If We Were Birds

by Lynn on May 26, 2011

in Archive,Picks & Pans

Summer festivals, such as the Fringe or Summerworks, have been a fertile breeding ground for very accomplished plays and productions that have gone on to have an expanded life. The Drowsy Chaperone comes to mind. The latest play to come out of Summerworks with an expanded life is IF WE WERE BIRDS. It takes a Greek myth and gives it a contemporary application. Our theatre critic Lynn Slotkin was at the opening last night and is here to tell us how this new version did.

Hi Lynn. You saw this play when it was first done at Summerworks. What was so appealing about it?

When it played at Summerworks in 2008 I picked it as one of my top five shows of the festival.

Playwright Erin Shields has taken a tale from OVID (Roman Poet) full of passion, emotion, lust, and drive, and given it an equally vivid contemporary application. It’s a gripping story. And its scope and Shields’ writing gifts made the story fly. The writing is both poetic and muscular, the images are vivid, breathtaking and heart-squeezing. The production takes you gently by the throat and doesn’t let go or let you look away. All of that is repeated in this expanded version of the play.

What’s the story?

It’s based on the story of Procne and her younger sister Philomela.

They are daughters of a king who gives Procne as a prize bride to the war hero King Tereus of Thrace. Tereus wants to take his bride home with him. This means that Procne must leave her beloved sister Philomela. Time passes. Procne is happy with this macho, fighting man. But she pines for Philomela and begs Tereus to bring her for a visit.

He relents—he’d rather go to war– “he breathes war” is one stunning line that describes him. And when he sees Philomela, he is smitten. Actually he’s in lust but he contains himself until after the voyage. After that he can’t help himself. He rapes her. He makes sure she won’t talk and keeps her prisoner deep in the woods. The truth eventually gets out with terrible results.

It’s from Greek mythology—no happy ending, but there is a magical ending.

How is the play made contemporary?

There is a chorus of five women who comment on the action and occasionally participate in it, and are watchful. They are witnesses to history.

One woman talks about being a victim of ethnic cleansing. Another talks about being raped by soldiers. And we realize it’s the story of the conflicts of the 20th century. Erin Sheilds references Yugoslavia, Rwanda, Nanking, Berlin, and Bangladesh. But it could be any conflict and not just confined to those five.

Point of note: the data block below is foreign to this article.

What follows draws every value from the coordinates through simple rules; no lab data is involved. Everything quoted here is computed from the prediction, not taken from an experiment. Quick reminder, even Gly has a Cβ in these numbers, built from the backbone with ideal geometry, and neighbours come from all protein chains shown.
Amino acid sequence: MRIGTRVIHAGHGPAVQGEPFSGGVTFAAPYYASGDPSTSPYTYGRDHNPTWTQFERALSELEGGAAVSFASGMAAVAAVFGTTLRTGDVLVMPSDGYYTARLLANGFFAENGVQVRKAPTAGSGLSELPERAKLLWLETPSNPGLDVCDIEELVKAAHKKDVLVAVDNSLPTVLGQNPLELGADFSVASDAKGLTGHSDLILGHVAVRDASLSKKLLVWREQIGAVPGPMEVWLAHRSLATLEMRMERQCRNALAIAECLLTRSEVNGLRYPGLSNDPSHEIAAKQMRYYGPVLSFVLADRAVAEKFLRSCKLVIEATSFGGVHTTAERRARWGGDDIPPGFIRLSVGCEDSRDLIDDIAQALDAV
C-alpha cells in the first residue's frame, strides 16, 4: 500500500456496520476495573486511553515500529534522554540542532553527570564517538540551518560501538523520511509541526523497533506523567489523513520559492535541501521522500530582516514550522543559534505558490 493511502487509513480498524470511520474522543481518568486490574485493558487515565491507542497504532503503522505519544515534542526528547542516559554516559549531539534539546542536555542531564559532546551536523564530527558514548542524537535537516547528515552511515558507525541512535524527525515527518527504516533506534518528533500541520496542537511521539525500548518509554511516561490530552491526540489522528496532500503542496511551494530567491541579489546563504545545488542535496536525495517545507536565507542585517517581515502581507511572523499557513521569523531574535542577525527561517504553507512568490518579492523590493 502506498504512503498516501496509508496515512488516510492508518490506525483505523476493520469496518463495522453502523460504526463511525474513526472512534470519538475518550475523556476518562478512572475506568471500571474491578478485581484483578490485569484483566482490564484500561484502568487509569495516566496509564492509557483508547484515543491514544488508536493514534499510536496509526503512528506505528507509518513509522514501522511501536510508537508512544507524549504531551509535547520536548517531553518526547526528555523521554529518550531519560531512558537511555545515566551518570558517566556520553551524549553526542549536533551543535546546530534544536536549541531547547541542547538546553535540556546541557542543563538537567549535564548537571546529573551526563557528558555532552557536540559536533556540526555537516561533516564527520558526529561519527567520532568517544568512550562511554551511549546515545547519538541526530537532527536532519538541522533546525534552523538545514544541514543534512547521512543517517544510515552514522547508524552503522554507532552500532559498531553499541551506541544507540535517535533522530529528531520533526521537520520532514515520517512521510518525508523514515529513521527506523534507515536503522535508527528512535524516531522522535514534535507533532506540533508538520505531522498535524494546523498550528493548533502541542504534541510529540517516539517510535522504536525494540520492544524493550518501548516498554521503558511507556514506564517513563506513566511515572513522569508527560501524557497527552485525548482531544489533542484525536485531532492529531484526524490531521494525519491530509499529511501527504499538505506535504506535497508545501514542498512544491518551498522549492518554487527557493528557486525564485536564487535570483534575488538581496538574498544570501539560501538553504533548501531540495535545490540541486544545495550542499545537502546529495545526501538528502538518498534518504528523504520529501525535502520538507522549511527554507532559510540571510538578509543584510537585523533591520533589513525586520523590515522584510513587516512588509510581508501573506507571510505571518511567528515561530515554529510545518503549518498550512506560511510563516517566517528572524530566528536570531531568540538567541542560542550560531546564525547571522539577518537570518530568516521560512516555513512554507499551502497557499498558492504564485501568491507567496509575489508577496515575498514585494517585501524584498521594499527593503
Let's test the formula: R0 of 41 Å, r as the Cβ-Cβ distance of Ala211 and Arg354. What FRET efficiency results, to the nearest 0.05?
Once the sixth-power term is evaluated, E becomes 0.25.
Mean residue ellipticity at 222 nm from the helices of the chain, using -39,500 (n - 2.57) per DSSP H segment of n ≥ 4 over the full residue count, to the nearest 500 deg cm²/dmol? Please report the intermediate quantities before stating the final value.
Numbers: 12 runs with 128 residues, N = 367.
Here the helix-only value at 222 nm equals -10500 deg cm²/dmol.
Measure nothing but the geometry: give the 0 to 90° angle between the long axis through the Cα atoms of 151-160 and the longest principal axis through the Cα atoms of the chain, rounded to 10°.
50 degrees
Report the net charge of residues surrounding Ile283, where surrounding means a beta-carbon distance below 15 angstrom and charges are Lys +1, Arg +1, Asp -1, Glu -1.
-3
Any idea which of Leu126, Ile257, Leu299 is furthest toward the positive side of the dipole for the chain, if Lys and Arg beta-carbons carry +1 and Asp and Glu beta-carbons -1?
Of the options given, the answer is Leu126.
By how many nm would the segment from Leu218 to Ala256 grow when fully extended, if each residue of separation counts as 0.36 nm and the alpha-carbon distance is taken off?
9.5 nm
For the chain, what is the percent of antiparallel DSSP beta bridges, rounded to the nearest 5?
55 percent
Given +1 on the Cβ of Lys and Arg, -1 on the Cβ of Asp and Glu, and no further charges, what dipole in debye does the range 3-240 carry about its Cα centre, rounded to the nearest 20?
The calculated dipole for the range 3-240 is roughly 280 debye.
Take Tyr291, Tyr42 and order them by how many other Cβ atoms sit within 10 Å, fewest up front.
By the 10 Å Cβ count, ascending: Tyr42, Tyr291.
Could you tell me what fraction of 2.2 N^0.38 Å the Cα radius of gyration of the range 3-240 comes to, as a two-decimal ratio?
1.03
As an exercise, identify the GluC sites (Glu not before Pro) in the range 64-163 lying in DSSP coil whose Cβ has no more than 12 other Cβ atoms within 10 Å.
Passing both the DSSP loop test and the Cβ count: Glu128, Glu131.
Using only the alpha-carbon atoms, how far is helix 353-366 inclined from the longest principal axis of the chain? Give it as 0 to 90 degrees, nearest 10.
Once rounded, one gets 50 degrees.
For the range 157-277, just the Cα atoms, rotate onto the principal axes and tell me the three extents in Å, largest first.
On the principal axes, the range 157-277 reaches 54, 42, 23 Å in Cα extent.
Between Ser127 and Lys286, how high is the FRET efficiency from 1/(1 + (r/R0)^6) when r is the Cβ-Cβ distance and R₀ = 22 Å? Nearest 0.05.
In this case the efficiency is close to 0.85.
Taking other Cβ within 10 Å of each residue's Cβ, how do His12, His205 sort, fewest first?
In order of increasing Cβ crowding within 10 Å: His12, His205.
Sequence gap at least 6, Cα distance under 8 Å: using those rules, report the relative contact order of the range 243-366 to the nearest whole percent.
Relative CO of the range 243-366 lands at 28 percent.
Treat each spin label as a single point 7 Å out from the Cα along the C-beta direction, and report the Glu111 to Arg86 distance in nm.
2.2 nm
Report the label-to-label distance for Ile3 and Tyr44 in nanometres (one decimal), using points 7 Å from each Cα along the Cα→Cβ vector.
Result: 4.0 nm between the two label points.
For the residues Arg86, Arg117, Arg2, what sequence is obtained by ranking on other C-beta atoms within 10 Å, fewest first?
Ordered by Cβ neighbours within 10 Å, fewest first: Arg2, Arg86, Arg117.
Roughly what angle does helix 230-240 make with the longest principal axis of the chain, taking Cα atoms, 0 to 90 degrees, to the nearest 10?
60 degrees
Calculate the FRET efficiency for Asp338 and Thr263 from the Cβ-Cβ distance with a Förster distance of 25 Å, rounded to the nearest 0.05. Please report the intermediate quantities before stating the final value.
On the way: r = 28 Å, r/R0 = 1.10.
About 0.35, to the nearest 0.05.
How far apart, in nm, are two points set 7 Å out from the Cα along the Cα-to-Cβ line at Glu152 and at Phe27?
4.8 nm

Sheilds’ language is immediate and contemporary but also mixes classical references. Philomela says that she was dropped like something half-eaten. That is such a vivid image and the play is full of them. The play is pulsing with life and emotions regardless of the harshness of the behaviour. Characters crawl towards life… stunning image again.

Does the production live up to your memories of the Summerworks version?

Yes and then some. It’s directed again by Alan Dilworth, surely one of our most accomplished directors. He has such a clear, precise vision of how to realize the elegance, poetry and brutality of the play that is compelling. He has faith in the writing and lets that and his fine actors realize each second without fuss or embellishment.

Gripping scenes are not cluttered with musical underscoring—I’m so grateful for that. The acting as I said is very fine. As Procne, Philippa Domville evolves from an innocent young girl to a graceful sexual woman who knows how to tame her man. As Tereus, Geoff Pounsett is all swagger, confidence and force. And Tara Rosling as Philomela is shattering. She is a sweet girl turned into a wounded woman and then a revenging one.

It’s a performance full of heart, brains, emotions and guts. When I saw the play in a shorter version at Summerworks I called it astonishing. It still is.

It’s a theatrical gift and I can’t recommend it highly enough.

IF WE WERE BIRDS plays at the Tarragon Theatre until May 23. The theatre is wheelchair accessible.